Investigators probing cause of deadly gas explosion near Boston
State agency blamed over-pressurized gas lines but authorities still investigating
Investigators worked Friday to pinpoint the cause of a series of fiery natural gas explosions that killed a teen driver in his car just hours after he got his license, injured at least 25 others and left dozens of homes in smouldering ruins.
Authorities said an estimated 8,000 people were displaced at the height of Thursday's post-explosion chaos in three towns north of Boston rocked by the disaster. Most were still waiting, shaken and exhausted, to be allowed to return to their homes.
The National Transportation Safety Board sent a team to help investigate the disaster in a state where some of the aging gas pipeline system dates to the 1860s.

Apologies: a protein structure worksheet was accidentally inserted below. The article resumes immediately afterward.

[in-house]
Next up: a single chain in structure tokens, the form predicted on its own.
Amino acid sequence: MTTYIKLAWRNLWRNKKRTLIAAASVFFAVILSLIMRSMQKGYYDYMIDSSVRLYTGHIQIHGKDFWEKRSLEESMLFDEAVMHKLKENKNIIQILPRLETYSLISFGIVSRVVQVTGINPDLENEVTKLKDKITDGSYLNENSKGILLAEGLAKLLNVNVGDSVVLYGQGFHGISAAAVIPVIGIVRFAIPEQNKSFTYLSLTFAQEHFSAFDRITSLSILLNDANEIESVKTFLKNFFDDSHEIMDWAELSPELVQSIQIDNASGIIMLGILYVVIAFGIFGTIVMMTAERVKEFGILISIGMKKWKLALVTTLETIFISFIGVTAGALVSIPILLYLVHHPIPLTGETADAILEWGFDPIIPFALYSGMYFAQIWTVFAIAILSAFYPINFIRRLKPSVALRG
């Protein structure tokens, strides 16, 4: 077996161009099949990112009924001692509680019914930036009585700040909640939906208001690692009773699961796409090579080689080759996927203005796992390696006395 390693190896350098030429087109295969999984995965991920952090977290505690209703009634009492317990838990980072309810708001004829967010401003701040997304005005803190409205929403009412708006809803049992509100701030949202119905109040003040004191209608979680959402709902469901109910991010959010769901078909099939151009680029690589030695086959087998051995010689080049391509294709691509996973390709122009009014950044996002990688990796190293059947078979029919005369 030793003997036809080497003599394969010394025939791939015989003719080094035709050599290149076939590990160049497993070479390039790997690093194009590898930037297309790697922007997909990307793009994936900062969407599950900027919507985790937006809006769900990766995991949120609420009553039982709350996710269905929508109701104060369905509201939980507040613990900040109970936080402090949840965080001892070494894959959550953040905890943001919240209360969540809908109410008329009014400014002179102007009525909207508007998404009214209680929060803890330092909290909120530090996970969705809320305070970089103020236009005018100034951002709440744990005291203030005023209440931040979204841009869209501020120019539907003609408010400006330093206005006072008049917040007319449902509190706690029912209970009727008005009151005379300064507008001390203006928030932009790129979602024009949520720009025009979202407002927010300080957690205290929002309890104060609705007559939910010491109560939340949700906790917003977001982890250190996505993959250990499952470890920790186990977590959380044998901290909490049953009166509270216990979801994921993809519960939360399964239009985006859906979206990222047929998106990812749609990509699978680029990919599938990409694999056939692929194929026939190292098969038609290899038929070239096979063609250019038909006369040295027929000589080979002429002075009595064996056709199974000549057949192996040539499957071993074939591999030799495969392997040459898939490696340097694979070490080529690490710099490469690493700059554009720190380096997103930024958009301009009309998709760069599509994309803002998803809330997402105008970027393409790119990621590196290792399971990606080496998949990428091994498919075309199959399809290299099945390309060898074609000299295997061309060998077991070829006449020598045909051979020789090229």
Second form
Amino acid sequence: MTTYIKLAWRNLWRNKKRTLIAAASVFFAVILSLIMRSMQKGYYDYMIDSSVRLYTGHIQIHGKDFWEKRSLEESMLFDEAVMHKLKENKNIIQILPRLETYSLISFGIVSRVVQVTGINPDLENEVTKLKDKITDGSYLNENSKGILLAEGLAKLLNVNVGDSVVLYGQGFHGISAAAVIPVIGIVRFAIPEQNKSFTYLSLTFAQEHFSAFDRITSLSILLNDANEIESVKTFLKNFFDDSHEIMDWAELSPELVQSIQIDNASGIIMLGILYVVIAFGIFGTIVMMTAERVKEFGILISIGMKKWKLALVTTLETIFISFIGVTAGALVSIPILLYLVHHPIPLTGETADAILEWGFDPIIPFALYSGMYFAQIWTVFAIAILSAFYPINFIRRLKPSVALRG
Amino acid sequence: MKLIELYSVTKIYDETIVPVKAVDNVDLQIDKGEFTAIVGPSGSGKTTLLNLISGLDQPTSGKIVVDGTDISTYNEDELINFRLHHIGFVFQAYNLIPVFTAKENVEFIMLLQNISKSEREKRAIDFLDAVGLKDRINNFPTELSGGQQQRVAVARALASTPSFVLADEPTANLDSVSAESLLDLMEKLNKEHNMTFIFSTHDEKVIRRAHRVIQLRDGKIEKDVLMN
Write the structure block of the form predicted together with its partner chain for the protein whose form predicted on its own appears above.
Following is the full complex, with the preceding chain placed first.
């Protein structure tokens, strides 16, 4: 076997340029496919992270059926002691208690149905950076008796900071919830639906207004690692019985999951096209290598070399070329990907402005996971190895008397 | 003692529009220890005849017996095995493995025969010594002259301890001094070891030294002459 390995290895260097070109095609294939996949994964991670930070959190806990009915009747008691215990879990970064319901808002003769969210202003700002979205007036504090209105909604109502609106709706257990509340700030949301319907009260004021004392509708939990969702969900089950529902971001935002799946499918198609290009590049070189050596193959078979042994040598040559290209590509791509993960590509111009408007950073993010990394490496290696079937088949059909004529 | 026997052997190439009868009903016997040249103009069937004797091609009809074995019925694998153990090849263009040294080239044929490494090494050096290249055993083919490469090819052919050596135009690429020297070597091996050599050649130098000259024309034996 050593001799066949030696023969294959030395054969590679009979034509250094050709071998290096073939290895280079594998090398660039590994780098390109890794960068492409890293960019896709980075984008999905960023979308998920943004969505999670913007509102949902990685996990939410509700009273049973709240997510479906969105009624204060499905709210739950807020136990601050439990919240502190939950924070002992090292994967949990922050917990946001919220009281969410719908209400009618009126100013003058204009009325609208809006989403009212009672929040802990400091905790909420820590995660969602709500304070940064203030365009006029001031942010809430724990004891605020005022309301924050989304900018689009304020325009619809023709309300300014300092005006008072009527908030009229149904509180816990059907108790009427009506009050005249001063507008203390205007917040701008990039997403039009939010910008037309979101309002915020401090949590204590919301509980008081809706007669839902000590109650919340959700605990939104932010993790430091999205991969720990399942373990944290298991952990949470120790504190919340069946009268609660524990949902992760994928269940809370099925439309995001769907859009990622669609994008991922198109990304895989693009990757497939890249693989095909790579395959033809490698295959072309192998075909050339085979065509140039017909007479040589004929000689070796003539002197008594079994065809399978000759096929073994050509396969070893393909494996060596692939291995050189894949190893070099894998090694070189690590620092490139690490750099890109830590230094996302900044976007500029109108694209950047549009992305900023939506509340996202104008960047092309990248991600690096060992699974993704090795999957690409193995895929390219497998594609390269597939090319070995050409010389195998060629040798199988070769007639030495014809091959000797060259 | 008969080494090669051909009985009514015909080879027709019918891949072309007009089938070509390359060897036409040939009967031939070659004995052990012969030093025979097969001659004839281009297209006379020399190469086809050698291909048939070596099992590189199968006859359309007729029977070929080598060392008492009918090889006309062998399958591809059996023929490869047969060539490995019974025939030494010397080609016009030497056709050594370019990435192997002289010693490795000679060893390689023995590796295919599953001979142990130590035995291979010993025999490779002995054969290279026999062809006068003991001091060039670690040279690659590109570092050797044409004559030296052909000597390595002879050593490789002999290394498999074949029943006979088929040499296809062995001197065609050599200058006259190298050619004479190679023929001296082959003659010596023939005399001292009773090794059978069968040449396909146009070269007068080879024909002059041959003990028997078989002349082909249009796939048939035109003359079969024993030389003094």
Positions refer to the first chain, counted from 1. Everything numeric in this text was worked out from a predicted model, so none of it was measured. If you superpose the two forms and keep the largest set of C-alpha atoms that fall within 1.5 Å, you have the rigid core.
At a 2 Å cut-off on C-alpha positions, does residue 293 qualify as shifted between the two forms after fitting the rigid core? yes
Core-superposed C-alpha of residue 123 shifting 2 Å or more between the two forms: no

The rapid-fire series of gas explosions that one official described as "Armageddon" ignited fires in 60 to 80 homes in the working-class towns of Lawrence, Andover and North Andover, forcing entire neighbourhoods to evacuate as crews scrambled to fight the flames and shut off the gas and electricity.
Gas and electricity remained shut down Friday in most of the area, and entire neighbourhoods were eerily deserted.
Authorities said Leonel Rondon, 18, of Lawrence, died after a chimney toppled by an exploding house crashed into his car. He was rushed to a Boston hospital and pronounced dead Thursday evening.
Rondon, a musician who went by the name DJ Blaze, had just gotten his driver's license, grieving friends and relatives told The Boston Globe. "It's crazy how this happened," said a friend, Cassandra Carrion.